Is the marriage over? For longer than I've drawn breath, Europe and America have been intertwined in a relationship that blossomed into a marriage in the aftermath of WWII.
Now, in a pattern that echoes his path from Ivana to Marla to Melania, Donald Trump seems intent on straining America's relationship with Europe, perhaps in favour of a new paramour, Russia.
Trump recently dissed both NATO and the European Union, dismissing America's oldest military alliance as "obsolete" while praising Brexit, predicting the departure of other member states from the E.U. and blasting Angela Merkel's migrant policy. These are not actions by which mutual confidence is sustained.
For a while the president-elect said he welcomed a nuclear arms race with Russia. Barely a week later he advocated a reduction in Russia's and America's nuclear arsenals, hinting that he might scrap U.S. sanctions against Russia in the bargain.
The Europeans know that Trump does not have the confidence of America's 17 national security/intelligence agencies. They know that because America's intelligence types have been telling their counterparts not to share anything they don't want Putin to know about. Again, not great for sustaining mutual confidence.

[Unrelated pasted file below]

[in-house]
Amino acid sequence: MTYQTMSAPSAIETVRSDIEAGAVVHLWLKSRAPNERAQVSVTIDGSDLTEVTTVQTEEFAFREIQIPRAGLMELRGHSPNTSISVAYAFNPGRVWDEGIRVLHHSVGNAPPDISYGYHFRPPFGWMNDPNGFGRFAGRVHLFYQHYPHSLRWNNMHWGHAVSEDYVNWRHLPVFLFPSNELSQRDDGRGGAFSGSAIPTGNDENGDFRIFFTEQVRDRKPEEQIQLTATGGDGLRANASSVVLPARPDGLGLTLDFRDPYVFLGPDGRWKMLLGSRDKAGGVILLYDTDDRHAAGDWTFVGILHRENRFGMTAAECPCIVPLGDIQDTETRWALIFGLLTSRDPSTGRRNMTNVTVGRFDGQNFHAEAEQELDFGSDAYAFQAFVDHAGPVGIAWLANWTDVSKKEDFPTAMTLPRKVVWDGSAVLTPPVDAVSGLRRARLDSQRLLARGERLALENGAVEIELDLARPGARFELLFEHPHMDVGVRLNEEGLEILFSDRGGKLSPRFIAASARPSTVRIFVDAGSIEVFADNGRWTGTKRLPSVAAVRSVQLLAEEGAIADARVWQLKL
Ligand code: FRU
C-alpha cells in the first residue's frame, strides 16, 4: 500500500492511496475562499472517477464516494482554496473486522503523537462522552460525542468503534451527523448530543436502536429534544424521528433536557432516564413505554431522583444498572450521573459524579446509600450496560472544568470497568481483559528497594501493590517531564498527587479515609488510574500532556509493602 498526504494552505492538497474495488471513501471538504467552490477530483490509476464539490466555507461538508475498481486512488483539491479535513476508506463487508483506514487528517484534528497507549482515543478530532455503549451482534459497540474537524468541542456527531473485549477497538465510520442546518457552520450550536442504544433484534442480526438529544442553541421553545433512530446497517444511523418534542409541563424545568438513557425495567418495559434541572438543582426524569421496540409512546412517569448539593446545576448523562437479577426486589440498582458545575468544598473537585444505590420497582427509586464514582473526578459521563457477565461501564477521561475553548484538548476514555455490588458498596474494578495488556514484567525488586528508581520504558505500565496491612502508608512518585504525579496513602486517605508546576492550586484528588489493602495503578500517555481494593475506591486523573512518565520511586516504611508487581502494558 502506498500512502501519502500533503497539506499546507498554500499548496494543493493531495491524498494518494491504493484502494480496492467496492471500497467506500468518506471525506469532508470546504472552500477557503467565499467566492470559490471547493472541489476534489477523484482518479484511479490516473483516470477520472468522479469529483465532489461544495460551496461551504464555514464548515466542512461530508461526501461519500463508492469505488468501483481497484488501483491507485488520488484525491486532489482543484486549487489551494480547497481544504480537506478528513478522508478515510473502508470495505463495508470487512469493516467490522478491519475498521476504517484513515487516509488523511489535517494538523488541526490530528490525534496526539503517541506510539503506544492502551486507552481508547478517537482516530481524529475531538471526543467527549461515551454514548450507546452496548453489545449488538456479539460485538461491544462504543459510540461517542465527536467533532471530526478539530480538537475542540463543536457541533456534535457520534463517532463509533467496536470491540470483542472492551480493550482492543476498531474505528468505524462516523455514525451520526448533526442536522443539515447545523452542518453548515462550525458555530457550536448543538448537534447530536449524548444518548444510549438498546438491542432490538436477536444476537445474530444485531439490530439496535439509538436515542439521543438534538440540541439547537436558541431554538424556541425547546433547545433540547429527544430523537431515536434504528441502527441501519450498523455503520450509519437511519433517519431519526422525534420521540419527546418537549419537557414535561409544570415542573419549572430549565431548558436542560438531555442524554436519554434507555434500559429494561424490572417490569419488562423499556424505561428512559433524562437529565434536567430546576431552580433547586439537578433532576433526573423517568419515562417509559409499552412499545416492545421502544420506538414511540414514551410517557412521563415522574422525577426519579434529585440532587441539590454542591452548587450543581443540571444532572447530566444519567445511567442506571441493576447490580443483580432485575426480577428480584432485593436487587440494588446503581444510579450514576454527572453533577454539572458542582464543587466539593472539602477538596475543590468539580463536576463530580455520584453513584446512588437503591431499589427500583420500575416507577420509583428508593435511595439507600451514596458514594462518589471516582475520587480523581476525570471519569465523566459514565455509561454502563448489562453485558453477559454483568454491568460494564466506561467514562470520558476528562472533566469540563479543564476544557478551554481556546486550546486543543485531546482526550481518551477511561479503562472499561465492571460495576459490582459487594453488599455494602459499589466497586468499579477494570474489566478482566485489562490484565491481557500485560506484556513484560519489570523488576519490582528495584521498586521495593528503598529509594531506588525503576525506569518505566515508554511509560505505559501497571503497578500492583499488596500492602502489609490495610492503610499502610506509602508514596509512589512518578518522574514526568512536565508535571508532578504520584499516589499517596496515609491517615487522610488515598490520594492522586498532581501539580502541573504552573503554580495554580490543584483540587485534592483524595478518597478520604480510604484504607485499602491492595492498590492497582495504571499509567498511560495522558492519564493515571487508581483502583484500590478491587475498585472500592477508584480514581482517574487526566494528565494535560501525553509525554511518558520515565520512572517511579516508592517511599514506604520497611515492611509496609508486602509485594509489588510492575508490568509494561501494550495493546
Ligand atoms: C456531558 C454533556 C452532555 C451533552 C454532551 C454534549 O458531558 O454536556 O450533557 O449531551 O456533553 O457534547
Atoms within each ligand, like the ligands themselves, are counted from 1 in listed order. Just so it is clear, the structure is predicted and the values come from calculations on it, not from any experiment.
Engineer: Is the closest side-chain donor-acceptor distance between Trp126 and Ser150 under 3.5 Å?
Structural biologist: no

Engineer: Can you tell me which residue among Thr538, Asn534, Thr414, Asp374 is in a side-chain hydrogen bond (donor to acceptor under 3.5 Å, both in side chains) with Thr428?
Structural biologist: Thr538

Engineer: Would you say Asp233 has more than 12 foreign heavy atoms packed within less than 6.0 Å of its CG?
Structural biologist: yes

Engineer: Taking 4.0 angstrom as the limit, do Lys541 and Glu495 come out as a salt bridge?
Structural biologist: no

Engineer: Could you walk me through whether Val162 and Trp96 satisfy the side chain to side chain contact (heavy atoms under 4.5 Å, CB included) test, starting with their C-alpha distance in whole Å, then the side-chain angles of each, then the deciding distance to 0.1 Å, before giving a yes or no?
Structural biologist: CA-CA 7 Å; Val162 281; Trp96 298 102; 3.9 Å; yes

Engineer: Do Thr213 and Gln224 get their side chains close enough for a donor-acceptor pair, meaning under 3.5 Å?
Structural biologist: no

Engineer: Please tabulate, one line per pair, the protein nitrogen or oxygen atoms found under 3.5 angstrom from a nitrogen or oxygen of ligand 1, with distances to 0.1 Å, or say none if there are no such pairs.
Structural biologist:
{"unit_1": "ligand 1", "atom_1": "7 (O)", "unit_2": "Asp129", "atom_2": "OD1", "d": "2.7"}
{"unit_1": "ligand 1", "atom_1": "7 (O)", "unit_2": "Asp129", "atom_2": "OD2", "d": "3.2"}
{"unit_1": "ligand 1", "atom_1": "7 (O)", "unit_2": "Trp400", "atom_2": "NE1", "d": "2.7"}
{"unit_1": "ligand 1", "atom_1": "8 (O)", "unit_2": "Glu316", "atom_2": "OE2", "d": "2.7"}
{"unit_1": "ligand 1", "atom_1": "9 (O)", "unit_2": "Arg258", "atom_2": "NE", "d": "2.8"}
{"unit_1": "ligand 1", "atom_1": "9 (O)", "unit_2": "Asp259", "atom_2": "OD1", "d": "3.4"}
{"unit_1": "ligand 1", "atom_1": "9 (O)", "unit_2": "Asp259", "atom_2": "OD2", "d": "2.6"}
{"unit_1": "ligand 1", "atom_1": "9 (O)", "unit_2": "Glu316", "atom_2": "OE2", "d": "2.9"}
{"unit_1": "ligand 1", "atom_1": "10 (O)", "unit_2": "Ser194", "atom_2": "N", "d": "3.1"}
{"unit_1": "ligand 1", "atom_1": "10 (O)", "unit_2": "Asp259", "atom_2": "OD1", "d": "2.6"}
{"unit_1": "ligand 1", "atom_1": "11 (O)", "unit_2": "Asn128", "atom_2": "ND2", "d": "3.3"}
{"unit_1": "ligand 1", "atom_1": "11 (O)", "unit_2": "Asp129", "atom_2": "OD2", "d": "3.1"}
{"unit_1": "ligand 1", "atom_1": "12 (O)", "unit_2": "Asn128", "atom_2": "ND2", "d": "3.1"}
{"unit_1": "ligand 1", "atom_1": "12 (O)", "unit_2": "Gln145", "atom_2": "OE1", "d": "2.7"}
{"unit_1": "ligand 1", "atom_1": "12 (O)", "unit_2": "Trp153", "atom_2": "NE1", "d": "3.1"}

French president Francois Hollande made it clear today that he's heard enough from the Great Orange Bloat.
"Europe will be ready to pursue transatlantic cooperation, but it will based on its interests and values," Hollande said before awarding France's highest honour to outgoing US ambassador Jane Hartley. "It does not need outside advice to tell it what to do."
Meanwhile, on the other side of the world, two Chinese state newspapers have warned of trouble ahead.
In an interview with the Wall Street Journal published on Friday, Trump said the "One China" policy was up for negotiation. China's foreign ministry, in response, said "One China" was the foundation of China-US ties and was non-negotiable.
One recent analysis concluded that in a major trade war, China's economy might sustain a 50% hit. America's economy could take an unrecoverable 75% blow. China, being more manufacturing focused, has the more resilient economy that would recover in short order. A trade war could leave America's FIRE economy (and the economies of America's dependents) mortally wounded.
In what Angela Merkel has termed Trump's "thought environment," the incoming president imagines America's strength as perhaps much greater than it would prove to be if strained. That would, of necessity, reset America's relationships with rivals, adversaries and one faithful allies alike.